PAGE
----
Cross-Training Sport Horses for Body and Mind

Cross-training allows us to spread the cumulative level of orthopedic stress over an increased number of muscles and joints.

Photo: Photos.com

Can cross-training, popular with human athletes, have the same beneficial effects to our equine athletes?

“Whether it be a football player studying ballet or a dressage horse learning to work cows, cross-training is a central pillar to athletic success and longevity,” said Brianne Henderson, BVMS, MRCVS, of the Ferguson Equine Veterinary Services and Toronto Equine Hospital, both in Ontario, Canada.

As our expectations for our equine partners increase, so should our knowledge of injury prevention and our understanding of the psychology of the equine athlete. Equine sports medicine and training concepts found their beginnings in the pillars of human athlete science. Moving forward we now have the benefits of dedicated research laboratories and the experience of icons in the industry.

Injury Prevention

Cross-training allows us to spread the cumulative level of orthopedic stress over an increased number of muscles and joints. By “sharing the load” we are able to train longer at greater intensity without overloading vulnerable areas.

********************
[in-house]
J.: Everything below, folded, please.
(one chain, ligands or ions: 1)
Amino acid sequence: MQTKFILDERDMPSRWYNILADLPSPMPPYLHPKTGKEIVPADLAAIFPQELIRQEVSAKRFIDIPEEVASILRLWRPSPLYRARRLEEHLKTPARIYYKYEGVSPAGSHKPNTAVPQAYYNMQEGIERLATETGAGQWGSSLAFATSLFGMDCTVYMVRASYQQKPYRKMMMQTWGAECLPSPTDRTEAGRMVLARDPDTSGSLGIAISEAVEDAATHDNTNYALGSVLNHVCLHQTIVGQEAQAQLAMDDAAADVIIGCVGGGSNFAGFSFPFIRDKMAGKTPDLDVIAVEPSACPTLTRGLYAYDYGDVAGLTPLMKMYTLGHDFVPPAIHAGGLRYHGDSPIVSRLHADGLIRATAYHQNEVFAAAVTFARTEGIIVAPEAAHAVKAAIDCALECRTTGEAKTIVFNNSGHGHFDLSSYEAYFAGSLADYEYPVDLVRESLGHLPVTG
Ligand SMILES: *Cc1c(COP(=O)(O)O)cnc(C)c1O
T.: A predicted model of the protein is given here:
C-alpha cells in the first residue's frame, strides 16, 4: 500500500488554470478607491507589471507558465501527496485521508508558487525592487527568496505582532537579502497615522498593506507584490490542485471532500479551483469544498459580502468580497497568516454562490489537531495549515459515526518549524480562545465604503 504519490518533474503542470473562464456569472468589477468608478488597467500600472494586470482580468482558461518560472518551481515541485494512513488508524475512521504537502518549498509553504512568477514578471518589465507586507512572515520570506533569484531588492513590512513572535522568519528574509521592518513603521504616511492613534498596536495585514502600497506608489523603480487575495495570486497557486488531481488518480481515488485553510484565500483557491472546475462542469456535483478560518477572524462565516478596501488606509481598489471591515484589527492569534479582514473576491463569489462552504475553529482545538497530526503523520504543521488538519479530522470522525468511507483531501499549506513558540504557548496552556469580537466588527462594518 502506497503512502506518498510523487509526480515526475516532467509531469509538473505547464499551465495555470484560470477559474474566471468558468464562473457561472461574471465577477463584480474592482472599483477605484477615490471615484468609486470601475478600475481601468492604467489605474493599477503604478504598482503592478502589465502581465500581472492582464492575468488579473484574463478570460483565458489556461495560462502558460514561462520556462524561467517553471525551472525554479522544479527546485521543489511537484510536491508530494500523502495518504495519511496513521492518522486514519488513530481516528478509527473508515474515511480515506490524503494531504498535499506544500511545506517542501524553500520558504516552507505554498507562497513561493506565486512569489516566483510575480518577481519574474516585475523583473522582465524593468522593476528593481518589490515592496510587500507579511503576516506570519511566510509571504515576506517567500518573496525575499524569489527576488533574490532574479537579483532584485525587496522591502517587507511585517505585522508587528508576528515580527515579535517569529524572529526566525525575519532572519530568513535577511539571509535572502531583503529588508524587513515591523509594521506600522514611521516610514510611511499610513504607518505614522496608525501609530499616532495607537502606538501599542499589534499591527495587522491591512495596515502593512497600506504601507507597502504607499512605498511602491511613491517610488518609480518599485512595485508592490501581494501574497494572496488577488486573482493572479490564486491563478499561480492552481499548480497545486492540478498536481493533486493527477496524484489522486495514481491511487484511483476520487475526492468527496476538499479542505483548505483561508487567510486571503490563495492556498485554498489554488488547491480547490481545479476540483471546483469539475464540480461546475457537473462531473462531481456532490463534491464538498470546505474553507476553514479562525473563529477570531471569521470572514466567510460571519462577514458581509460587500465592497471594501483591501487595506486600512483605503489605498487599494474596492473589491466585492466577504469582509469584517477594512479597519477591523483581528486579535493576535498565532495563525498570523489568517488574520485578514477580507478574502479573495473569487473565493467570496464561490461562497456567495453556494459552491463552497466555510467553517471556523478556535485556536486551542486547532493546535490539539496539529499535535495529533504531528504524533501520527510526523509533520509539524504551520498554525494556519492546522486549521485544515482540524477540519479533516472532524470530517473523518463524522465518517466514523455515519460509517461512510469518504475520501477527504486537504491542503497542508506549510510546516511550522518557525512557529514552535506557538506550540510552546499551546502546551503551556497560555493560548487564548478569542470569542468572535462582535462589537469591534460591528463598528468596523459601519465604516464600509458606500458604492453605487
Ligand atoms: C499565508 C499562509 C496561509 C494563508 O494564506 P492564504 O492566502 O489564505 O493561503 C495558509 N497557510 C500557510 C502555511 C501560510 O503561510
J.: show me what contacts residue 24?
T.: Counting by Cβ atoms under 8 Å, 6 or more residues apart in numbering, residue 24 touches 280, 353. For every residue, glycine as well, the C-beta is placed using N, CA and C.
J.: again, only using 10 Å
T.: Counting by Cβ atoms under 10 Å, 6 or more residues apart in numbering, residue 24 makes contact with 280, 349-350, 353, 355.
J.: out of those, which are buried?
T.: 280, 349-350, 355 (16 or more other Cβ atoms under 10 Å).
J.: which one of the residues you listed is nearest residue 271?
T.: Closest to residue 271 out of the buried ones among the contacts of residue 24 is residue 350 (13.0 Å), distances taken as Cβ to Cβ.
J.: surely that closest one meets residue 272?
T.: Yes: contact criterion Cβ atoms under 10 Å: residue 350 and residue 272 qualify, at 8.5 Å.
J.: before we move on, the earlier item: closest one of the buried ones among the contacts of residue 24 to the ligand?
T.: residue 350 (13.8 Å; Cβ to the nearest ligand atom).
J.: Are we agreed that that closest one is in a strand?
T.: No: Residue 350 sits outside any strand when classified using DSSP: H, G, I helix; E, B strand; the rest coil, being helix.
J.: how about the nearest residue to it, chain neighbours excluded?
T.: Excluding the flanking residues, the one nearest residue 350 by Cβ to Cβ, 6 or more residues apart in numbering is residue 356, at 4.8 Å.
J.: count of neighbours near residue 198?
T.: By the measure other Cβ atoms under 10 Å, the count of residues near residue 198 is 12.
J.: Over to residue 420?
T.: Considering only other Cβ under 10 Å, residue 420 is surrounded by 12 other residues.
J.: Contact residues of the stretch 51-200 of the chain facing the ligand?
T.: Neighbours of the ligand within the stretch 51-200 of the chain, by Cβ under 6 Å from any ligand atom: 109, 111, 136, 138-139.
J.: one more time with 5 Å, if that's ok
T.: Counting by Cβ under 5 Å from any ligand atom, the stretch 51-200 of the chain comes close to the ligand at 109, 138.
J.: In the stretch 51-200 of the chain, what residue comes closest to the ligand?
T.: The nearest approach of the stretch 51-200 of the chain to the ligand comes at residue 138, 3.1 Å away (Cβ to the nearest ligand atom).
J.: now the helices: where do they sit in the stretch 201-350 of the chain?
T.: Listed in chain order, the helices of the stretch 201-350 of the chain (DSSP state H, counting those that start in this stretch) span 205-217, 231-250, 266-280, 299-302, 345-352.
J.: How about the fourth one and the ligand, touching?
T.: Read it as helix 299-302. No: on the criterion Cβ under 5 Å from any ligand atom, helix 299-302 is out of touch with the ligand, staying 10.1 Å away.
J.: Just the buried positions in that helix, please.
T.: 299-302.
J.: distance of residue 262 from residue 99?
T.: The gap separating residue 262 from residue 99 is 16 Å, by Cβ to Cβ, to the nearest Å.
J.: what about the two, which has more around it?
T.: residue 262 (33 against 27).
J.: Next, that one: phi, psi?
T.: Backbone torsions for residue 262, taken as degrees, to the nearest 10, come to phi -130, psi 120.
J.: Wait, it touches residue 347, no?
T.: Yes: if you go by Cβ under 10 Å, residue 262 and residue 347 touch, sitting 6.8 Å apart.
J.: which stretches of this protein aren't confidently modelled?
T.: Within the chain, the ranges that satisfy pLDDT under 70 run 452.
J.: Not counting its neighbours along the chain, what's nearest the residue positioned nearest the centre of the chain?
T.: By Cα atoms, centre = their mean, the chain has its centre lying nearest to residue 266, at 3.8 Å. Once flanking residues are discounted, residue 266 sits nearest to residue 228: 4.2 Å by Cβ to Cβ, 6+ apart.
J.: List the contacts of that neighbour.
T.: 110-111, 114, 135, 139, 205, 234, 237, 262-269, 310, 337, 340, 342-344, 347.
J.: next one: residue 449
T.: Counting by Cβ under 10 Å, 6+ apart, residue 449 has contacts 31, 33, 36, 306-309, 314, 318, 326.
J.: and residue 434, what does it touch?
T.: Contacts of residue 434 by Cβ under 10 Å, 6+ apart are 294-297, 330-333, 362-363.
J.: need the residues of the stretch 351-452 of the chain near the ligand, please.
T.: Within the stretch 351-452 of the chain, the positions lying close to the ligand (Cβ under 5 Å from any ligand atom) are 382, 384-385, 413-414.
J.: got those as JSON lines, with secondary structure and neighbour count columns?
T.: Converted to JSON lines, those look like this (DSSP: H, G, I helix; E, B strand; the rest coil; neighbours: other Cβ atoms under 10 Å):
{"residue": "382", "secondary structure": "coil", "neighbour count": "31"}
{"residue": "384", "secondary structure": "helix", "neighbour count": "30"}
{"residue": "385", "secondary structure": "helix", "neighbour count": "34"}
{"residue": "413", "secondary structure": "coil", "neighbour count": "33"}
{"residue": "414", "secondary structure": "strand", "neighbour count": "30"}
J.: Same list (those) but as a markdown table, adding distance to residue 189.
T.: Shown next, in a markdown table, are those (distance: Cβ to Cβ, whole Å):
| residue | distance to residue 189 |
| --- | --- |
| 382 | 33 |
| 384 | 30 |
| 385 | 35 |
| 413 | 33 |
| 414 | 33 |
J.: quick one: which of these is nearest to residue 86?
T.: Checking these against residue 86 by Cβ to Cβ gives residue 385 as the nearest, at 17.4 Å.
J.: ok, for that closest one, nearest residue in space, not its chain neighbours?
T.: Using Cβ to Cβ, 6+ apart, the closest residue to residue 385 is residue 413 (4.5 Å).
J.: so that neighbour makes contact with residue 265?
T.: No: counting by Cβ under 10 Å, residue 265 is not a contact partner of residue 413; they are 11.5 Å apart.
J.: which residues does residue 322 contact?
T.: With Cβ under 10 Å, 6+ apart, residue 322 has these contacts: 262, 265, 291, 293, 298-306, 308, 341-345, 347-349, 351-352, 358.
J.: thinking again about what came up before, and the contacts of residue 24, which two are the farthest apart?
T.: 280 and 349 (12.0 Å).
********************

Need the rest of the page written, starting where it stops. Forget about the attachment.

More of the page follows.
For example: A dressage horse (or a show jumper) requires a high level of hindquarter strength and endurance to maintain collection. An alternative to the typical “strength-training” exercises within the arena, the same horse would benefit from regular, controlled hill work to:

  • Strengthen the muscles of the hindquarter without putting a focal stress on common areas of injuries (hock joints, suspensory ligaments, etc);
  • Move the sacroiliac joint in a different pattern reducing the chance of repetitive strain associated with inflammation; and
  • Give the rider and the horse a mental break from the intense training within the ring.

“It is critical for the mental and proper musculoskeletal development of the athlete to have for every three training days a day off or even better provide cross-training, like trail riding or swimming, on these days," said Judith Koenig, DrMed Vet, DVSc, Dipl. ACVS, ECVS, of the University of Guelph's Ontario Veterinary College.

Improved Fitness

One of the primary purposes of cross-training in human athletes is to build strength and aerobic fitness to a greater level. Do you find your jumper lacks the “umph” in the jump off round? Is your “schwung” a little lack luster after a multi-day dressage show? Aerobic fitness (or endurance) is a key element for any athlete being asked to perform over many hours or days.

Let’s look at a few examples:

  • An endurance horse or hunter/jumper that is cross-trained with dressage could develop increased coordination and suppleness, and reduced injury risk as muscles tire during an event. Suddenly Mile 40 isn’t as much of a push and that tight turn off a jump off is more fluid!